What is the difference between antibacterial and antiseptic mouthwash?

September 21, 2020


What is the difference between antibacterial and antiseptic mouthwash?
What is the difference between antibacterial and antiseptic mouthwash?

One of the biggest advances made in controlling the plaque build-up in the oral cavity is the formulation of mouthwashes. These are chemicals that are held in the mouth, gargled and expectorated after a certain time period. During this process, the chemicals in the mouthwashes act in a way that plaque content significantly reduces.

 

Mouthwashes can be broadly classified as cosmetic and therapeutic. Cosmetic mouthwashes are the ones that do not carry any medical value. They solely act as mouth fresheners that carry a certain fragrance or flavour. Therapeutic mouthwashes on the other hand are widely beneficial when it comes to maintaining oral health. These can be either antibacterial or antiseptic in nature. This article discusses how both these therapeutic mouthwashes can be differentiated from one another.

 

Plaque is formed when certain species of bacteria colonise the tooth surface under conditions that promote their growth. If this growth of bacteria is not controlled, it can ultimately turn into a calculus, inflammate the gingiva and cause a swelling in the surrounding tissues. The act of toothbrushing and flossing is how we routinely control the growth of these microbes. In order to ensure even more efficacy of controlling plaque, mouthwashes can be used. The mouthwashes used in this case are antibacterial.

 

These mouthwashes contain cetylpyridinium chloride, delmopinol hydrochloride and essential oils. These constituents regress and inhibit the growth of the bacteria in the plaque. The plaque contains a thin layer called biofilm. Antibacterial mouthwashes act on this biofilm and prevent any other bacteria from attaching to the tooth surface. Essential oils act on the sulphide content in the oral cavity. These sulphur compounds are responsible for the bad breath that comes out of the mouth if oral hygiene is not maintained properly.

 

Antibacterial mouthwashes may or may not contain fluoride. Fluoride content in a tooth is necessary for it stay protected from caries. These mouthwashes can be used on a daily basis, twice a day. They have very less side-effects and are only rarely irritating to the gum tissues in the mouth.

 

In contrast to antibacterial mouthwashes that target only the bacterial species, antiseptic mouthwashes target spores, fungi and virus too. These contain chlorhexidine in a concentration of 0.2%. The most peculiar feature of chlorhexidine is its substantivity. This means that chlorhexidine can bind to certain proteins in the oral cavity and can gradually release their effect over a prolonged period of time. Thus, their anti-microbial action stays for a longer time.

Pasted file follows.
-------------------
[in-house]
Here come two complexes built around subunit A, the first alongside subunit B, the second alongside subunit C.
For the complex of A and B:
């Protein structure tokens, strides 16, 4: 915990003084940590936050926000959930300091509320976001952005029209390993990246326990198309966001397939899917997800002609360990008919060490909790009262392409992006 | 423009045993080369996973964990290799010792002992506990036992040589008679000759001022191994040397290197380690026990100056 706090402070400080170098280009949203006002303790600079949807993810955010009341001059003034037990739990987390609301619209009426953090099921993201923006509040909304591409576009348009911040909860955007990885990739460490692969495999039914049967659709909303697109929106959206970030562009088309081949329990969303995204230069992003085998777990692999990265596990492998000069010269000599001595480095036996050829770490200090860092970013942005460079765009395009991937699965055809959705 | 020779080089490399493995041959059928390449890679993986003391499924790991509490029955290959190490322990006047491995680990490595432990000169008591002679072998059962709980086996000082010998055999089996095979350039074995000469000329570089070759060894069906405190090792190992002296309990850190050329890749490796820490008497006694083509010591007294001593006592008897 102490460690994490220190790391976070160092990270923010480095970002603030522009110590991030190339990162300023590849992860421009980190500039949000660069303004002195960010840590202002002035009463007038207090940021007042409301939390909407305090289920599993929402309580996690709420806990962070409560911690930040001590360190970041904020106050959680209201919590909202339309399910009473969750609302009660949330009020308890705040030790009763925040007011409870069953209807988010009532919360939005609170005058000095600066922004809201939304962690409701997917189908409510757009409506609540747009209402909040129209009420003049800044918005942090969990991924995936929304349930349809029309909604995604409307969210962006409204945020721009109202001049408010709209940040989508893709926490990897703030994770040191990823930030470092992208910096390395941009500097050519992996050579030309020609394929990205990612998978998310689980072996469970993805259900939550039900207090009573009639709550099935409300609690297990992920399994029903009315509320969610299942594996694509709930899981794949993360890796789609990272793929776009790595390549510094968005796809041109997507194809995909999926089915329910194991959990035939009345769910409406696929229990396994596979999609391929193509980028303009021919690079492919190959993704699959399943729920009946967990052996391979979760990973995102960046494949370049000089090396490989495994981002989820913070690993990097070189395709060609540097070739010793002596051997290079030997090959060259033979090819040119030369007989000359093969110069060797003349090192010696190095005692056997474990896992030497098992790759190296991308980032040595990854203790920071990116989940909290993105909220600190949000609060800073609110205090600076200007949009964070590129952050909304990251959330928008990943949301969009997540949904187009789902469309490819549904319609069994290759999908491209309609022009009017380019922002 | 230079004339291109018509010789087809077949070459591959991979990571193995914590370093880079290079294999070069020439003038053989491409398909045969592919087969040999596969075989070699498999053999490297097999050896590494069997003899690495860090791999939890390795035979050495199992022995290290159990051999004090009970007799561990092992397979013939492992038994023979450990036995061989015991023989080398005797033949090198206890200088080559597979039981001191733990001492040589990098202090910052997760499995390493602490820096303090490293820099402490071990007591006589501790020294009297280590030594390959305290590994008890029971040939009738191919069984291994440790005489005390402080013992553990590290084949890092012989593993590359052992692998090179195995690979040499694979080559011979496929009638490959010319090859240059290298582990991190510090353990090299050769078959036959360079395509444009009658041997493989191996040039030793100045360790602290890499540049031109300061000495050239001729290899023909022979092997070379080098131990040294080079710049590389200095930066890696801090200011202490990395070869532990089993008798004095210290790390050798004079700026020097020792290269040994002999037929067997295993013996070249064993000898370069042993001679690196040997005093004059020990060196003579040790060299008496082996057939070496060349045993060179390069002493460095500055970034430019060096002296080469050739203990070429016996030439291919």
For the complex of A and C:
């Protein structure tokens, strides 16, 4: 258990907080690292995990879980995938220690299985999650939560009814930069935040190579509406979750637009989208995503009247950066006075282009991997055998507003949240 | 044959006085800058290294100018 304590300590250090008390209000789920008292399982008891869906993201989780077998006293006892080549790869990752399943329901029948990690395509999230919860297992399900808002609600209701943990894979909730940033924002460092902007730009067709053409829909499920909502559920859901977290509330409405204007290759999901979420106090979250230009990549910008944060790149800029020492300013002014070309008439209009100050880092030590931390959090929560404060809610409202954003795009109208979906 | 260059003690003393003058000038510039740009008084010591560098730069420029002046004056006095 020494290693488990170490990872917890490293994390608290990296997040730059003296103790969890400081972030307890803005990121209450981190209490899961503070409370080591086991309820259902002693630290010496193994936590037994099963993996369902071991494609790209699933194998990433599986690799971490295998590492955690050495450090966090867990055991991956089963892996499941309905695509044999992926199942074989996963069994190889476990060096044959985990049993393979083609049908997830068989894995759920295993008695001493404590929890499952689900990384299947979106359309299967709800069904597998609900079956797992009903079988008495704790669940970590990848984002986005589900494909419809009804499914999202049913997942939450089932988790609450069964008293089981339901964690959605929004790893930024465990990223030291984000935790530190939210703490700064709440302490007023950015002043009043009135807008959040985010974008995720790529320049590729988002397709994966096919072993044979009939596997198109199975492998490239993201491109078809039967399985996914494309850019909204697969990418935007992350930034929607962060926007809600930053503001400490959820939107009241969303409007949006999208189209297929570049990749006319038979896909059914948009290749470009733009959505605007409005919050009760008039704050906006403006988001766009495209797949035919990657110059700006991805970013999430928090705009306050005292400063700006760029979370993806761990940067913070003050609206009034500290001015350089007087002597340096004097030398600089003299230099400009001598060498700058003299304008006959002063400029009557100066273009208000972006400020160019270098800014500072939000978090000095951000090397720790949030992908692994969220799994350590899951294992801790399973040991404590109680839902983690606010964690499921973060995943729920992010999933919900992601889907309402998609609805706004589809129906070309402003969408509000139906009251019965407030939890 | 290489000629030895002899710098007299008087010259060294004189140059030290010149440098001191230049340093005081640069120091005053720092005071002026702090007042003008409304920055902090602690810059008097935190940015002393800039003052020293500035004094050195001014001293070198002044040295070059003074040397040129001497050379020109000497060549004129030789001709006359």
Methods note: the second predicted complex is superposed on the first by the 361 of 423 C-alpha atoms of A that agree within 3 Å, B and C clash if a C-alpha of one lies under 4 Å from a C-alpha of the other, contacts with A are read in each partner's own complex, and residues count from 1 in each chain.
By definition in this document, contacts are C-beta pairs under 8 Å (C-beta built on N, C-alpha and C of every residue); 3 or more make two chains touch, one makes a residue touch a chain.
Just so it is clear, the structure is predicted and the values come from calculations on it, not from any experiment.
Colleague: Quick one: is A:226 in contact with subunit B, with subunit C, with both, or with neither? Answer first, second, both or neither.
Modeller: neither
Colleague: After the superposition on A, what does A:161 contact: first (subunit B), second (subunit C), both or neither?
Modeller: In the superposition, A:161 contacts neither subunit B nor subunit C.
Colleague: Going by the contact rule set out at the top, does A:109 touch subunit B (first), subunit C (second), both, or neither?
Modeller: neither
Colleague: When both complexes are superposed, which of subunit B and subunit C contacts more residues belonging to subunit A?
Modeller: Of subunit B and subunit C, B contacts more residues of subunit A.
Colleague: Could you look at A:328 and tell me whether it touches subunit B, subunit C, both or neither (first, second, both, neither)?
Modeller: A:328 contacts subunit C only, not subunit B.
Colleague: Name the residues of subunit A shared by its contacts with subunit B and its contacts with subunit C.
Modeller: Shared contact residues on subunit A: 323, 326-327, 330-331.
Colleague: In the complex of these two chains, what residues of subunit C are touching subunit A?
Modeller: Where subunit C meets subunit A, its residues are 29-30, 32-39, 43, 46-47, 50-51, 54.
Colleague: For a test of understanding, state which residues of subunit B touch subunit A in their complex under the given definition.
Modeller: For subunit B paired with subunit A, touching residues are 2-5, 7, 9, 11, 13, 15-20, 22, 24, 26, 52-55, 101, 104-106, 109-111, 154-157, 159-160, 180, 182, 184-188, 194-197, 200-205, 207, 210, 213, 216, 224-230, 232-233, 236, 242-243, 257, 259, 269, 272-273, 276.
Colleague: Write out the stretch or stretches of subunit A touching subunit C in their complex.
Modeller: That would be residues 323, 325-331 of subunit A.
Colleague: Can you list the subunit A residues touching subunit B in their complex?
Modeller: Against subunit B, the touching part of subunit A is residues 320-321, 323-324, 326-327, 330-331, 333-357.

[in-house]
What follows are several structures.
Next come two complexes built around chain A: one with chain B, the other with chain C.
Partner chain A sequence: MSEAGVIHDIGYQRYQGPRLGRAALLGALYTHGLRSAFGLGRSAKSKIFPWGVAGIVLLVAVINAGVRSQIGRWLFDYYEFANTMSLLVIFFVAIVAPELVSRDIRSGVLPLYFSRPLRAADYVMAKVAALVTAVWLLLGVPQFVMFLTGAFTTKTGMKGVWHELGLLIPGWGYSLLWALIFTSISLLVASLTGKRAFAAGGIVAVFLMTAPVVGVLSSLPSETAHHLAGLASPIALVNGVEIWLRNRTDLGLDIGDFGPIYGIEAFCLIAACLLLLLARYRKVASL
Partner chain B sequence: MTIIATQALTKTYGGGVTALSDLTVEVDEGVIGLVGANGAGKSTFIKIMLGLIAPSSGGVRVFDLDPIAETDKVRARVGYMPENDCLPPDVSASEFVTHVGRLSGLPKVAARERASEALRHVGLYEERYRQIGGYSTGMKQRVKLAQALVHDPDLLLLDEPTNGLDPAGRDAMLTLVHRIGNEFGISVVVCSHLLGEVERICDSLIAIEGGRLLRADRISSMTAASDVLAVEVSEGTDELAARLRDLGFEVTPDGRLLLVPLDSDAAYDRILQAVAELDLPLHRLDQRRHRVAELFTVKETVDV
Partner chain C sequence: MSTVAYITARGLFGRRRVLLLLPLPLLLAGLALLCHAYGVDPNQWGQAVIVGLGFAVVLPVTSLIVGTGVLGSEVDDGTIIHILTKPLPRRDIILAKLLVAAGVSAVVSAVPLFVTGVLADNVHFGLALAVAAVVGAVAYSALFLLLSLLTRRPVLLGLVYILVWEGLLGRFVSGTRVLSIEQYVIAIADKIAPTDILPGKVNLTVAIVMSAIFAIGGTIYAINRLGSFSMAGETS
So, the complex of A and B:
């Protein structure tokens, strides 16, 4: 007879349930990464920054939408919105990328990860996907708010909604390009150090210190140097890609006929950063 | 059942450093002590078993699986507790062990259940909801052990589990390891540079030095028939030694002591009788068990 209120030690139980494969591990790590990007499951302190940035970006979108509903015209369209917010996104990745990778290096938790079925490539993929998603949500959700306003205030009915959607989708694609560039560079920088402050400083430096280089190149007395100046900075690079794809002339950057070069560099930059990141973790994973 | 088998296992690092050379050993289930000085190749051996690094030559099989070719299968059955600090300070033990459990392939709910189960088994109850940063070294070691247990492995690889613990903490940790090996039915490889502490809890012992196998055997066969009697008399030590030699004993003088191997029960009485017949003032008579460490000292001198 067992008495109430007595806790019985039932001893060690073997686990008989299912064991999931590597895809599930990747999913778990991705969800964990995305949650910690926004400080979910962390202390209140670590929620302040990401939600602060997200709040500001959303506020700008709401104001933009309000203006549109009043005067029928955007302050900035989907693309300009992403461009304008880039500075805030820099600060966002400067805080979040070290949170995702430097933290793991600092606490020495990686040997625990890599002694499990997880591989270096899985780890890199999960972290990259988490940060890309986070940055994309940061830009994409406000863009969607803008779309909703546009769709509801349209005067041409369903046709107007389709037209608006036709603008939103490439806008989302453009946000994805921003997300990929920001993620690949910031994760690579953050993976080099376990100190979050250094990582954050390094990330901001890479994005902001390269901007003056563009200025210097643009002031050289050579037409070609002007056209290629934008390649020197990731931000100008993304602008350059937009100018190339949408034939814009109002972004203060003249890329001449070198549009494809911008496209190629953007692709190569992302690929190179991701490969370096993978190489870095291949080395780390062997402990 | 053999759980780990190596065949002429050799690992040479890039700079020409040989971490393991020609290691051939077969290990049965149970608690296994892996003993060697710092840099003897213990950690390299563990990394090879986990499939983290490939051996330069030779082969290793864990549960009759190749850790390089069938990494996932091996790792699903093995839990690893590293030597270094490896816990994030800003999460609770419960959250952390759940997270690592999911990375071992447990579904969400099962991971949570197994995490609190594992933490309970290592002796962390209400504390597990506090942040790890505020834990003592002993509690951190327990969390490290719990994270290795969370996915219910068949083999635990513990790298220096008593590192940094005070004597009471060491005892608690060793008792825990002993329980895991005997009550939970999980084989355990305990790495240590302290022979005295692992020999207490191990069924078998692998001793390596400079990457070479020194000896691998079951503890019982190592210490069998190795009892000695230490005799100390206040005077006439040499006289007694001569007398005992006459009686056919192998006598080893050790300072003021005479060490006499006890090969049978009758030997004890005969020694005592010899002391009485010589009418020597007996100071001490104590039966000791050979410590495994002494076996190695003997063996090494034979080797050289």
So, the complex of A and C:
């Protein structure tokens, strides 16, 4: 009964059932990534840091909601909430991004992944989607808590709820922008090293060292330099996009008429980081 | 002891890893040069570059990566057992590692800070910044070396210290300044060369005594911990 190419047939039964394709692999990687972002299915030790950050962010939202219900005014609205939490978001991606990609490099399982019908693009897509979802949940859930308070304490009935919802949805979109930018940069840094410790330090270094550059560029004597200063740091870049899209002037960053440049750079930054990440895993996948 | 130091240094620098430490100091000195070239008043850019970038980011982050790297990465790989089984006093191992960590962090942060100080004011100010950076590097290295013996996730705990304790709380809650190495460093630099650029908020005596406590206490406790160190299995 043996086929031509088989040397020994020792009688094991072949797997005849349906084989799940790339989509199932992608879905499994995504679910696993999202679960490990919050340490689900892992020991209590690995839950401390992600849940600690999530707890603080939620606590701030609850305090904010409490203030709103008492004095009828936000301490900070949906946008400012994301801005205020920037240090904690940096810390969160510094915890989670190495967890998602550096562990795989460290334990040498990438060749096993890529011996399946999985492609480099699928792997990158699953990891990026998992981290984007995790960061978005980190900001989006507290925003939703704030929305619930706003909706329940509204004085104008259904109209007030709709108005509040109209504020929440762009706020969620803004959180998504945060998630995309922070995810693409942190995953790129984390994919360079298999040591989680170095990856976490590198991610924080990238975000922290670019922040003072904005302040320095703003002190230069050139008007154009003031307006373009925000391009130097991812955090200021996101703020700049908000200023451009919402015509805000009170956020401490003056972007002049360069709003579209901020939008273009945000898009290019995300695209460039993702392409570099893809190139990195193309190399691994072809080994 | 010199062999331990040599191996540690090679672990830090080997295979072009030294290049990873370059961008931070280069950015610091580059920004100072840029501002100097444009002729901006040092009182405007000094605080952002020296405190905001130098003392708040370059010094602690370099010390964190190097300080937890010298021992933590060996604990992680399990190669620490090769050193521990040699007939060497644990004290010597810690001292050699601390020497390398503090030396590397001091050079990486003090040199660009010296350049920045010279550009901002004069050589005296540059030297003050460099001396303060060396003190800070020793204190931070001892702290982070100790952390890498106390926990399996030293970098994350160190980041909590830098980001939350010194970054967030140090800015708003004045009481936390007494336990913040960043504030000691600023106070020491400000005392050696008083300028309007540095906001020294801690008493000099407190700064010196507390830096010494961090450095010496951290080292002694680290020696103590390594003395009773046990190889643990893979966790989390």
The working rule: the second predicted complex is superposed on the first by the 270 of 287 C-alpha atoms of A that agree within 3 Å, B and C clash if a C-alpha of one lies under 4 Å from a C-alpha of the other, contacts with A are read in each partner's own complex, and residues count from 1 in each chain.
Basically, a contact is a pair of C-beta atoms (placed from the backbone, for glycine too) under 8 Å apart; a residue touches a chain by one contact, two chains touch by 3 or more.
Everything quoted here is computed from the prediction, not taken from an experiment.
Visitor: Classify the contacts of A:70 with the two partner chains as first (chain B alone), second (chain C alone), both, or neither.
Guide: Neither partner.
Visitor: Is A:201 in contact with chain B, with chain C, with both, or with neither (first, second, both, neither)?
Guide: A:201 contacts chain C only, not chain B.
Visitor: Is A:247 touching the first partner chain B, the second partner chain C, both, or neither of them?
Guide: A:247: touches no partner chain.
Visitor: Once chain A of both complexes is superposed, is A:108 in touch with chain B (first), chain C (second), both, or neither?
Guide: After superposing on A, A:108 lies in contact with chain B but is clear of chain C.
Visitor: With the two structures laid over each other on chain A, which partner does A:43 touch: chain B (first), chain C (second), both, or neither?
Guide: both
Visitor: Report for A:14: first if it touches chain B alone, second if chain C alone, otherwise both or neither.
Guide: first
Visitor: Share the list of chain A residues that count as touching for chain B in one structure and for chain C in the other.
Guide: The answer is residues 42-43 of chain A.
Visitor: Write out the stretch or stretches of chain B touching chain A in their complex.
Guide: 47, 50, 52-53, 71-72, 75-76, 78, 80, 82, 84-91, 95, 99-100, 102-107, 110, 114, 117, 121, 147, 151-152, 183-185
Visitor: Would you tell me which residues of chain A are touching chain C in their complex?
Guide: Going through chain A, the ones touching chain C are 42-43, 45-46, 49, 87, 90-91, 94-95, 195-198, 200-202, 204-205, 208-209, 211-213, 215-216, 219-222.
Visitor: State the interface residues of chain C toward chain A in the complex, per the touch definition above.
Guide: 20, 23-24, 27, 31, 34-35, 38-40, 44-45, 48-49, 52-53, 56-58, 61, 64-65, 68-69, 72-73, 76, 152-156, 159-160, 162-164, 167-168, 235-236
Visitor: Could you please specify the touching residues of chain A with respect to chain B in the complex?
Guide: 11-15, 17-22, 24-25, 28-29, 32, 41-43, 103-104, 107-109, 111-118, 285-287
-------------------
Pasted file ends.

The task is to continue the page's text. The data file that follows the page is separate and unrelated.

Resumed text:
The alcohol content of these mouthwashes helps it in eliminating a range of microbes from the oral cavity. These mouthwashes also contain sodium bicarbonate, triclosan, sodium chloride and other compounds that have an antiseptic activity. They have a great penetration power and can neutralize the acids in the mouth. When the acids are neutralized, it becomes difficult for a majority of microbes to survive in a lesser acidic environment.

 

The rich antiseptic content in these mouthwashes is thus used to tackle mouth ulcers, erosion of the lining of the oral cavity, infections, foul odour, etc. These mouthwashes are also used before and after oral surgeries in order to ensure a sterile mouth in both cases. Unlike antibacterial mouthwashes, antiseptic mouthwashes are prescribed for 2 to 4 weeks and need to be taken in amounts ranging between 10-15 ml. They should be expectorated after 30 seconds and should be used twice daily.

 

Antiseptic mouthwashes are said to cause staining of the teeth (even on dentures), susceptibility to calculus, dryness of the mouth and altered taste. The alcohol content might be irritant at times and red lesions have been reported in the past. However, these mouthwashes can be diluted in water to adjust for the irritation. Moreover, these side-effects are rare and if followed as per instructions, they can be immensely useful as broad-spectrum therapeutic agents. Antiseptic mouthwashes can also be used during pregnancy. This is because chlorhexidine is poorly absorbed by the inner linings of the vital organs and hence do not reach the foetus.

 

Thus, antibacterial and antiseptic mouthwashes need to be prescribed by the dentist based on the condition of the oral cavity. If the target is plaque control, an antibacterial mouthwash will do the trick. But, if a more severe condition is present, an antiseptic mouthwash can be fruitful in combating a range of pathogens.

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